We are saddened by the passing of artist Wendy Ramshaw (1939-2018). A trained designer of printed textiles and illustration, Ramshaw had played a significant role since the early 1970s in establishing British jewelry as an international force. Coming from a background in design, she was free from the fetters of jewelry traditions. The artist was best known for her innovative combinations of rings, which, when not being worn, are meant to be displayed on elaborate stands, as sculptural objects. Widely traveled as a visiting artist, Ramshaw absorbed many influences and incorporated many materials into her work, ranging from feathers to ceramics and glass.

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Wendy Ramshaw, 'Chain of Glass Tears for Weeping Woman,' 1998, 16 1/8 x 3 1/2 x 1/4 in, glass and blackened steel. Gift of Barbara Tober, 2005. Part of MAD’s permanent collection (currently not on view).


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Museum of Arts and Design

On view now 👁👁: ‘Lauren Skelly Bailey: Studio Focus’ incorporates assemblage sculptures, photography, conglomerations, and a site-specific installation, all featuring the artist’s distinctive layering, glazing, and reuse of ceramic materials.

Bailey’s paradoxically subtle and vibrantly colored works often reference the natural world, especially critically endangered coral environments, in which certain corals change to near-neon hues before being bleached due to the ravages of global warming.🌎
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#Ceramics

Photo: Kat Ryals


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Museum of Arts and Design

MAD artist-in-residence Jesse Harrod (@jkharrod) manipulates and transforms materials to animate their sexual and sensual qualities and explore the intersections between queer kinship, support, and sexuality. In her sculptural installations, she works with rope as a pliable element that she regards much like a drawing tool, specifically utilizing knot-making techniques such as macrame in ways that can be understood as simultaneously restraining and supporting. She is interested in the doubleness of rope as an element used within queer sexual play and as a material that conveys how bodies rely upon and support one another. 🌈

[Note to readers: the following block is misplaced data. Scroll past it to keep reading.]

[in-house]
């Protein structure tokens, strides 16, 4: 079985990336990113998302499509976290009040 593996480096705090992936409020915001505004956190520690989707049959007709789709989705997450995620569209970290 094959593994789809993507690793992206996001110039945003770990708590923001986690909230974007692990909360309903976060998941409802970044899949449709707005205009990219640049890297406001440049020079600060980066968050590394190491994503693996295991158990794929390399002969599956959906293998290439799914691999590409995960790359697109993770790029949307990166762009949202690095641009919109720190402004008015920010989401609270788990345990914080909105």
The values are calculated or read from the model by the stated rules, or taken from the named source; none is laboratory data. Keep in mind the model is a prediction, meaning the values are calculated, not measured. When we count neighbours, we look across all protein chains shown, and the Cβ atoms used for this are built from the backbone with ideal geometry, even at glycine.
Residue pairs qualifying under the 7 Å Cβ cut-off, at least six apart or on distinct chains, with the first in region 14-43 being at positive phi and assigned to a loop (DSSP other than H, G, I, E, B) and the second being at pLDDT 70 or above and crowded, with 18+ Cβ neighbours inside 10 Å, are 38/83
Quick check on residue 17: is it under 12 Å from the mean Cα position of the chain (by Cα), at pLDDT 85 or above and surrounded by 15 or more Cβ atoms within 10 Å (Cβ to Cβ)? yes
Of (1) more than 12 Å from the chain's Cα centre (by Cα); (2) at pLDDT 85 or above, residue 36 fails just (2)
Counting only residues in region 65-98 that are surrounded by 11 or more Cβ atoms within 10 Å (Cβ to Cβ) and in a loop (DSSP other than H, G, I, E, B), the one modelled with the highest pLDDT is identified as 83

At MAD, Harrod is creating a series of works that investigates the relationship between color and gender identity. While color has always played an active role in her sculptural works, in these new works she is using color as a conceptual tool to explore how physical form, and forms of gendered embodiment, are made and remade through perception. ❤️🧡💛💚💙💜💖 Visit Harrod every Friday in #MADArtistStudios to learn more about work and process.

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#MixedMedia #MixedMediaSculpture


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Museum of Arts and Design

Burke Prize finalist Merritt Johnson (@me.rritt) rewrites indigenous and colonial histories through sculptural baskets that resemble artifacts on view in natural history and ethnographic museums, highlighting the complicated relationship between indigenous craft and its collection and display. Her work navigates spaces between bodies and the body politic, between land and culture rooted in and dependent on Anowarakowa Kawennote (Turtle Island). She has seen and felt the effects of the tongues, knives, and pens that cut apart land, culture, sex, and communities; she responds by creating works that build connection and vision. Her work casts light and shadow on how and who we are, and on how and who we could be.

See her work in the 'The Burke Prize 2018: The Future of Craft Part 2' On view through March 17, 2019.
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Merritt Johnson, ‘Container' (trade object), 2016. Hand-woven fiber and dentalium shells, 6 × 10 × 6 in. (15.2 × 25.4 × 15.2 cm), Courtesy the artist.

#BurkePrize #TheFutureofCraft #ContemporaryCraft #Craft #Handwoven #Fiber